The following club members operated as N1FD in the contest:
- Abby Finchum, KC1FFX
- Connor Finchum, KC1GGX
- Jamey Finchum, KC1ENX
- Mike Rush, KU1V
- Joe Gordon, KB1RLC
- Mike Struzik, AB1YK
- Fred Kemmerer, AB1OC
- Anita Kemmerer, AB1QB
The N1FD Team operated from our station (AB1QB/AB1OC).
Many of the club members who joined us had not previously had the opportunity to operate in a major DX contest. Our approach to the contest included a significant amount of time spent to help folks learn how to operate in a major DX contest such as CQ WW DX. All of the members of the N1FD Operator Team did a great job and we worked a lot of DX given the relatively poor band conditions throughout the contest period.
We entered the contest as N1FD in the Multi-Op, One Transmitter category and we operated in the High Power, Assisted class. This category allowed us to have two transmitters on the air on different bands simultaneously. One transmitter was the “run” station from which we could call CQ and contact any new callsigns on a given band. The other transmitter was a multiplier only station which was only allowed to work new multipliers (new DXCCs and CQ Zones) on a given band. We had both stations on the air simultaneously for a good portion of the contest period.
We operated on all of the contest bands from 160m through 10m during the contest. We mostly operated in Search and Pounce mode to focus on maximizing the number of DXCCs and CQ Zones worked. Search and Pounce mode also made it easier for the less experienced folks on our team to learn about contesting. We used a mix of data from the spotting cluster and tuning the bands to find and work stations. We did a bit of operating in Run mode (calling CQ) as well to help put additional QSOs in our log to boost our final score and to learn how to operate by calling CQ in a contest.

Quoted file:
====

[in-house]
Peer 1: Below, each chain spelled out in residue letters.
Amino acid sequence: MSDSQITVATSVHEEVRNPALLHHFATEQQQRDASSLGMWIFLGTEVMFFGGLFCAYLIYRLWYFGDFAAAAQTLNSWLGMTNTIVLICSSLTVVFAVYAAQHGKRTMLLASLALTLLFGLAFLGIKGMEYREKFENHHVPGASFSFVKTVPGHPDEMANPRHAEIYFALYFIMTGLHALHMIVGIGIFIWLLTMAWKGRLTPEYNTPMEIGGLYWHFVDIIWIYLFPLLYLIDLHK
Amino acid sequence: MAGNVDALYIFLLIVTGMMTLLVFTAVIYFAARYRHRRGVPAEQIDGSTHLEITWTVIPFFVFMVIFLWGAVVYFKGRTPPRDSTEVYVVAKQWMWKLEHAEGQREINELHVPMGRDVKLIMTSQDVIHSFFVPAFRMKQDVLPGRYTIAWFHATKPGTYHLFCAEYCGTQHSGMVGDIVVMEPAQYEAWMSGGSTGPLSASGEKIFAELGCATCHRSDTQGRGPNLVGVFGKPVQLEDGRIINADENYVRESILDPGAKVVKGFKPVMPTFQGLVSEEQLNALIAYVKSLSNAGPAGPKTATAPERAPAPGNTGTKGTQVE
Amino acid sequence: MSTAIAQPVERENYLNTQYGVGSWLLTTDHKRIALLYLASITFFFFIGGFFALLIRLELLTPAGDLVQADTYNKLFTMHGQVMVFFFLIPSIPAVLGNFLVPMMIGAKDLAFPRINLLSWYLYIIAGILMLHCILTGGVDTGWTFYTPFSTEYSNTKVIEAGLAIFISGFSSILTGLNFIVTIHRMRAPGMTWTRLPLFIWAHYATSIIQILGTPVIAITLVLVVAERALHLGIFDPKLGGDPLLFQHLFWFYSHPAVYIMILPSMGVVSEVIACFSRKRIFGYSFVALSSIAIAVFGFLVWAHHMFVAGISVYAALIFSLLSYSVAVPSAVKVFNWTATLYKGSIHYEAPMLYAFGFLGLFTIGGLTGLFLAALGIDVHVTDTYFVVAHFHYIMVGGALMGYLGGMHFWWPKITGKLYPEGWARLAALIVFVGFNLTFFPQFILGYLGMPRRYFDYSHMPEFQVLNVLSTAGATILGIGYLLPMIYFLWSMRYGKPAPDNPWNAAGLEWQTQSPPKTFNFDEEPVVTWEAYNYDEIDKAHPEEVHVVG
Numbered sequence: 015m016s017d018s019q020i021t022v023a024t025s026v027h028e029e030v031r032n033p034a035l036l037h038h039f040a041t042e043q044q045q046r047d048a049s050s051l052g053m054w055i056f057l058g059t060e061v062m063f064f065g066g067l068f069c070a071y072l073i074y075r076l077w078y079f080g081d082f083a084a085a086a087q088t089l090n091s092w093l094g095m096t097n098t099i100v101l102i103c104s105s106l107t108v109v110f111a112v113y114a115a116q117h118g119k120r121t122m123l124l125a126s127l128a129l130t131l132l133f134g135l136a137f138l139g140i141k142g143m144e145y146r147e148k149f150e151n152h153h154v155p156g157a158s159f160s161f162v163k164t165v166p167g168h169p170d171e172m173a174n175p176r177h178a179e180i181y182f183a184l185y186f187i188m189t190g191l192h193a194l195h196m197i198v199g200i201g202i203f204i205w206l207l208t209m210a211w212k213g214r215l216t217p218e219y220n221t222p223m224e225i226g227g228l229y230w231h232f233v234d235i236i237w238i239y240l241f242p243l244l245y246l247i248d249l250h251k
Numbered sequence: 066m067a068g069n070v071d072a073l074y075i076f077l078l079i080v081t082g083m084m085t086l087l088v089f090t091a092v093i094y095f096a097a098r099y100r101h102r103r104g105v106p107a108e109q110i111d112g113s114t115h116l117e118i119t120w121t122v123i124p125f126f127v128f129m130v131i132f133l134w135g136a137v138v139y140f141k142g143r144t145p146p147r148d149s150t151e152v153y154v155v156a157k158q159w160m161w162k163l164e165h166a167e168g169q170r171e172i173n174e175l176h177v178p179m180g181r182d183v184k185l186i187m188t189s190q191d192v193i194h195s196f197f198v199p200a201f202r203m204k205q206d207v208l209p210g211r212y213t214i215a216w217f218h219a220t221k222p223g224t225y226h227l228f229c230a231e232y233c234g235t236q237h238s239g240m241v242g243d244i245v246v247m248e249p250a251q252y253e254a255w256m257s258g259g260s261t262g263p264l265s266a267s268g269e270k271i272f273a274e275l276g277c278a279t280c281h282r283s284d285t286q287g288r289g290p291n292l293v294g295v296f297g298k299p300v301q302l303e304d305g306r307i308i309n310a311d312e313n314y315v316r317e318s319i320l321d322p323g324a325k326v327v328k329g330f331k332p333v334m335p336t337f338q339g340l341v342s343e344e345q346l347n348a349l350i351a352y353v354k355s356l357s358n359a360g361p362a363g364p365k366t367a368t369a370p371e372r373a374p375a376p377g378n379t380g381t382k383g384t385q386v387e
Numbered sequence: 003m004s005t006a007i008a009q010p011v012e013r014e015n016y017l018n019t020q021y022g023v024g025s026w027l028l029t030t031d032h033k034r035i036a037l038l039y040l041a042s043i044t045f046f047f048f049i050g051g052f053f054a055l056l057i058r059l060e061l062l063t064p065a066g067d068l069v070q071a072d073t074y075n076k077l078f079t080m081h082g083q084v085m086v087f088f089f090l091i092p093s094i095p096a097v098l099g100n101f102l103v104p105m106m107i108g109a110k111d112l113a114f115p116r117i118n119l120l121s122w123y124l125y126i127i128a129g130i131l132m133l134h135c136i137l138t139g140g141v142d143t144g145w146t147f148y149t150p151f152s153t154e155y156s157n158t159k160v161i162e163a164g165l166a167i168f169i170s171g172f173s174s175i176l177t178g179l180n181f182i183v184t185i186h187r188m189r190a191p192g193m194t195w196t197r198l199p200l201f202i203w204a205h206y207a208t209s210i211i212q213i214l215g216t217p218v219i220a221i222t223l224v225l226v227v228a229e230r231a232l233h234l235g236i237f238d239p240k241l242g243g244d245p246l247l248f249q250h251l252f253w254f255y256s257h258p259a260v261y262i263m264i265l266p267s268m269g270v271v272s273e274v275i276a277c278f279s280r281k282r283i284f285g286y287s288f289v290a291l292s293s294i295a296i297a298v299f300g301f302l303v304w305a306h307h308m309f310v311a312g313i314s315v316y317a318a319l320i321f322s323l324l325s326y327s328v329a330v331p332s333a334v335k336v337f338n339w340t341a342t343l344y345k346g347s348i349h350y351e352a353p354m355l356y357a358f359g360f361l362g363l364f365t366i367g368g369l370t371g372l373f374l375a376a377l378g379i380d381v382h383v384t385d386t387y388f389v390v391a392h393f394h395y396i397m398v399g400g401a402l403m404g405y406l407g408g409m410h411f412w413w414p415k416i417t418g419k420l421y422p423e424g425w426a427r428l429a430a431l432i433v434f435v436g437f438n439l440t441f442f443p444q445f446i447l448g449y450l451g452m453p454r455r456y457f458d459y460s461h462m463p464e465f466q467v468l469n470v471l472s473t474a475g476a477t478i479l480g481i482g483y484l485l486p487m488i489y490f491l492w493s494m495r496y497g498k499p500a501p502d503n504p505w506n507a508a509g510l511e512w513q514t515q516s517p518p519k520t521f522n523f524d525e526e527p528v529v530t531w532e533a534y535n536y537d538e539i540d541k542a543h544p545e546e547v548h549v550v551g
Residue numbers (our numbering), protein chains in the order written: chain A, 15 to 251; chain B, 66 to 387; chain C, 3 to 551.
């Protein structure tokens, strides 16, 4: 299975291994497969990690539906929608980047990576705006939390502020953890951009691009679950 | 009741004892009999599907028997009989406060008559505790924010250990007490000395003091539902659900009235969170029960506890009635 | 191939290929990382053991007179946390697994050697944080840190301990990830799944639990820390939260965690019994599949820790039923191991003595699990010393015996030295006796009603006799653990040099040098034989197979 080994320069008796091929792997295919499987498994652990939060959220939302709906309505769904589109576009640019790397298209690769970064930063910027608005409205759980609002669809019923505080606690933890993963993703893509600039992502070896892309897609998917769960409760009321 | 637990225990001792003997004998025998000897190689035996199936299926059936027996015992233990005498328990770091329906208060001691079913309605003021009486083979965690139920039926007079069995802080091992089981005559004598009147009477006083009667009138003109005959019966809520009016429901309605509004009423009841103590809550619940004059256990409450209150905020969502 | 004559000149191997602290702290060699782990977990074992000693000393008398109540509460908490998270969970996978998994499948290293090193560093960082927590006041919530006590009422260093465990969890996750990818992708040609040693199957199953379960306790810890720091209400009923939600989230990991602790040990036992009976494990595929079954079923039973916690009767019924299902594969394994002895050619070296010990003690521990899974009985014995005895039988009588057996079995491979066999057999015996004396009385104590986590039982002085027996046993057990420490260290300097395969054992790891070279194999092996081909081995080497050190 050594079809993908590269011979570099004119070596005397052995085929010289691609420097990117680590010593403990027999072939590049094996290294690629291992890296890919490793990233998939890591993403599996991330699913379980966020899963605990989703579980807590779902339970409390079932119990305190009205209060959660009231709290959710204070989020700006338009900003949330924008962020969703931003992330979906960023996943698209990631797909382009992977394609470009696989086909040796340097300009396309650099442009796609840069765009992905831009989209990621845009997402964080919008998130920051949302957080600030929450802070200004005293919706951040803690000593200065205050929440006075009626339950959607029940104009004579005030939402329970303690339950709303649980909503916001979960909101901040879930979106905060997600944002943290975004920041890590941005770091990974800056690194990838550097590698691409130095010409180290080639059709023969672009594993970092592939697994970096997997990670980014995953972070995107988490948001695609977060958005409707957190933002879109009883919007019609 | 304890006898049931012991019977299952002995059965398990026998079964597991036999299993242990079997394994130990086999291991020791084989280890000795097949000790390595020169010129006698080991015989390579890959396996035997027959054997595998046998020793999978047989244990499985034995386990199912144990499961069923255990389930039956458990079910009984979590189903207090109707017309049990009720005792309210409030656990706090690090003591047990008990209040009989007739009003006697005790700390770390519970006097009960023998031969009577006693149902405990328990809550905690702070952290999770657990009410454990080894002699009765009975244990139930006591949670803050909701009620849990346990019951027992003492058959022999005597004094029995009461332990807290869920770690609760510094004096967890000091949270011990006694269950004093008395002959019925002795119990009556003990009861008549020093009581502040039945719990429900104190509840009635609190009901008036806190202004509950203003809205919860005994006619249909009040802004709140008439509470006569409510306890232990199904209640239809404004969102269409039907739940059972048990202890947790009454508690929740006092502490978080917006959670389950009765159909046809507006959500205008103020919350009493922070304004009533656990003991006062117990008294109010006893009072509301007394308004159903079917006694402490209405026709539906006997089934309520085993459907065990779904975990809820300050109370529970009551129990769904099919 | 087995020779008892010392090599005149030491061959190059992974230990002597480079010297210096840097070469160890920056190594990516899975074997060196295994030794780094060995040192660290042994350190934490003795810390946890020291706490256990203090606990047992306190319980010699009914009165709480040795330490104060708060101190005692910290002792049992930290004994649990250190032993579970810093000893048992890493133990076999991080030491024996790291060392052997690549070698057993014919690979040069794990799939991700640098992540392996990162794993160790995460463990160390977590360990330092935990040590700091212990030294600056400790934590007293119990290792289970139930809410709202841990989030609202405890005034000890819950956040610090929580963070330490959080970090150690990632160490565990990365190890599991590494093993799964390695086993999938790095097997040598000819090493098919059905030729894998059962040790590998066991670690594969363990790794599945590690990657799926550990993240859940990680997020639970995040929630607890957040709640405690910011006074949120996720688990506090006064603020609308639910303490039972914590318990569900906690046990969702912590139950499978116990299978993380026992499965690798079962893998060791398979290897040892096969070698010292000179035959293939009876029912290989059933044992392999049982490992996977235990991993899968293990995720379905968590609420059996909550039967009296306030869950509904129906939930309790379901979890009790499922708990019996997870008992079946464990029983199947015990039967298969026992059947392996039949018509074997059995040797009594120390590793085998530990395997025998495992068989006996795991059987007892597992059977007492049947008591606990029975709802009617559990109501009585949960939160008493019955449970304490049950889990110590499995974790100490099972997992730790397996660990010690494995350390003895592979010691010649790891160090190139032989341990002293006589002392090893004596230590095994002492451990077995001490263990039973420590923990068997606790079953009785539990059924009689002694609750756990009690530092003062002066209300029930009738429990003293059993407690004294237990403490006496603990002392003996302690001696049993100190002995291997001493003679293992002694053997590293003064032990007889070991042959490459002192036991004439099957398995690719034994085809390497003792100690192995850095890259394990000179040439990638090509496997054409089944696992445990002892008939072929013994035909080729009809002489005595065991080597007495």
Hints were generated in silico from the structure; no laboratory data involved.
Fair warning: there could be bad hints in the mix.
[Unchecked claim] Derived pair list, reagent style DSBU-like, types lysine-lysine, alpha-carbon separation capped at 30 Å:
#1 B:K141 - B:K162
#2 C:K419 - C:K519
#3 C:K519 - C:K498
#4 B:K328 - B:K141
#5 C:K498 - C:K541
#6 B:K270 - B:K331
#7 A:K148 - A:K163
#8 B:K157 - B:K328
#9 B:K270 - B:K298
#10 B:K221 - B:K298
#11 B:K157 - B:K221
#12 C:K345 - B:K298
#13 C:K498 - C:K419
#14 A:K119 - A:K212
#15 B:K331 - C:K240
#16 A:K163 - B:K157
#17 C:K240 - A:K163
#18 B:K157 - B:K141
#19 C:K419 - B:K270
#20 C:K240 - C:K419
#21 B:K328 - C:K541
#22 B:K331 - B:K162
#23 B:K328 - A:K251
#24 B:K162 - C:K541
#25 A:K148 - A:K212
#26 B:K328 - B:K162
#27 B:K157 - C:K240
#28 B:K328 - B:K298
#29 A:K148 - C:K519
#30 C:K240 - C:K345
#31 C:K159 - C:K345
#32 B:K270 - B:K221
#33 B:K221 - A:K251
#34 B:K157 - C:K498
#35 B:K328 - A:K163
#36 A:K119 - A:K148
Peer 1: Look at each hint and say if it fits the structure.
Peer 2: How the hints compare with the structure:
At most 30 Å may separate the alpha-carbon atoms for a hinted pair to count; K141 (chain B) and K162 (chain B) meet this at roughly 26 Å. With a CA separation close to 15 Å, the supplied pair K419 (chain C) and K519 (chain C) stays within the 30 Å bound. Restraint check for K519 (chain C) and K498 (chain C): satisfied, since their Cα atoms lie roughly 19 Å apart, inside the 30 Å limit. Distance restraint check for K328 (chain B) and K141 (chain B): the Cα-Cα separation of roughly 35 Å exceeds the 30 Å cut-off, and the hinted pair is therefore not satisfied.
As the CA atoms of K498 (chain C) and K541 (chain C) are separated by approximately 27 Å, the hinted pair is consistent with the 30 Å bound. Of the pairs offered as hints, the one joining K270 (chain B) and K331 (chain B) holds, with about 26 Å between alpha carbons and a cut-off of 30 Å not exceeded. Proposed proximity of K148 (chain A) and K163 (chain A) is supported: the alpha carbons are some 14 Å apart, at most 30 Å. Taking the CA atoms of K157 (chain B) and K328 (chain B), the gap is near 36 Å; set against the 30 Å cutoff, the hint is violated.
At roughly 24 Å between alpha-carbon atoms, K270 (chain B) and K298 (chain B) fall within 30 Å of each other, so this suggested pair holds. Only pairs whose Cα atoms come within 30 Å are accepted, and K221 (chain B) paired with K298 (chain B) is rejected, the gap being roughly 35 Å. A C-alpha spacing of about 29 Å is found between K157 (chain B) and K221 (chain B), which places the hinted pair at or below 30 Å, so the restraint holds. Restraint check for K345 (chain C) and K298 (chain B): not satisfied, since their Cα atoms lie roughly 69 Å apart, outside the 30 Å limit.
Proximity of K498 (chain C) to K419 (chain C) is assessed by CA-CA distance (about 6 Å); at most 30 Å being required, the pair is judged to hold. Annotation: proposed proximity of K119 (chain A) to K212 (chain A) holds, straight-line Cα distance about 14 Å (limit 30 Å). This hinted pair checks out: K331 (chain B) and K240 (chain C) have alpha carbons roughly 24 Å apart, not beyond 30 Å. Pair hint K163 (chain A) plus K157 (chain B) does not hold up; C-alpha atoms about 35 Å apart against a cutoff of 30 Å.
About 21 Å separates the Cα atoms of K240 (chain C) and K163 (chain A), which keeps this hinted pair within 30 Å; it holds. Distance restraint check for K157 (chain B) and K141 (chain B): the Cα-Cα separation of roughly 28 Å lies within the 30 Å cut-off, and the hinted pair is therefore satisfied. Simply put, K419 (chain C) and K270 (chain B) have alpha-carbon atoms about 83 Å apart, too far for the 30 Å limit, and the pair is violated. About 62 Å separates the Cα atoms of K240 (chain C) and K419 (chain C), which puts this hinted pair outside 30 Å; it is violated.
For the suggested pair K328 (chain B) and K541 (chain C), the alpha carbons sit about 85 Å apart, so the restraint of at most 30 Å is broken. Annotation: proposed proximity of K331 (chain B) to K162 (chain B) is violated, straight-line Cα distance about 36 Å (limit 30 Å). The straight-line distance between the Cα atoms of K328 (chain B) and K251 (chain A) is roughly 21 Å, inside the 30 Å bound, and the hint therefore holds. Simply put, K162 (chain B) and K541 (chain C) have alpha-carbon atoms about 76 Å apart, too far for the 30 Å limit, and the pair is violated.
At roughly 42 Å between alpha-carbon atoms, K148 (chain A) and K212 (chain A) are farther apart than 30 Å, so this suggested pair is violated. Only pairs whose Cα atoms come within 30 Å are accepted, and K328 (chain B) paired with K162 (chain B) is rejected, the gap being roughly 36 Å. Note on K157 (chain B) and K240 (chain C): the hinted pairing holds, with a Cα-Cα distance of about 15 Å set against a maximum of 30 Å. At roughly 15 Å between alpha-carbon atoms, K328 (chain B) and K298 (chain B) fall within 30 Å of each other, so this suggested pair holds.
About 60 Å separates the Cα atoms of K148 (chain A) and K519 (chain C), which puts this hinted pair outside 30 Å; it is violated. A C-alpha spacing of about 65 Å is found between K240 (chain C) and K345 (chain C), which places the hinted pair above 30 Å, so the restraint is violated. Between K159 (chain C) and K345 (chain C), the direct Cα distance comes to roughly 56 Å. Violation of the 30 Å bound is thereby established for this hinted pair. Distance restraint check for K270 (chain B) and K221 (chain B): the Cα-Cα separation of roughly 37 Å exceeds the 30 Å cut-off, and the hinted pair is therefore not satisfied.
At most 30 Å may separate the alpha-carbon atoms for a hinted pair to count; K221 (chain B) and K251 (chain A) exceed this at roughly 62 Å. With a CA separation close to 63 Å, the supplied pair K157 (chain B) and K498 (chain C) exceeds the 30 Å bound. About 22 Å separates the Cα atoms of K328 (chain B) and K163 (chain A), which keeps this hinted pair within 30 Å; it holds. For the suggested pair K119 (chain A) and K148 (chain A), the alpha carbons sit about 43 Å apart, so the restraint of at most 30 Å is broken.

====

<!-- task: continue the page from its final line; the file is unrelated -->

We used the N1MM+ logger in a multi-op, networked configuration during the contest. This allowed us to share a single log between our two stations and to keep track of the multipliers (DXCCs and CQ Zones) that the combination of the two stations worked during the contest.
We worked a total of 108 countries in the contest and brought the total DXCCs worked by the N1FD callsign to 121. This means that we worked a complete DXCC during a single weekend! We added 40 new DXCCs worked as a result of our contest operation. Before the contest, our club call had 62 confirmed countries. We will need 38 more confirmations to qualify for the ARRL DXCC Award. We have received a total of 16 of the needed 38 new DXCC confirmations via LoTW as of the end of today!
We also made progress toward earning our CQ WAZ (Worked All CQ Zones) Award – we now have 33 our of 40 zones worked and 28 confirmed.
We made a total of 607 QSOs during the contest for a claimed score of 588,208. The actual score may be lower than this after the contest adjudication process completes in several months as deductions will be taken for any incorrect calls or exchanges. You can also see our results at the 3830 Score Rumor website.
Everyone involved had a lot of fun and learned some new skills. We are thinking about operating again as N1FD in the ARRL Sweepstakes Contest in November (Nov. 19-21). Please let us know if you’d be interested in joining the N1FD Team for this contest.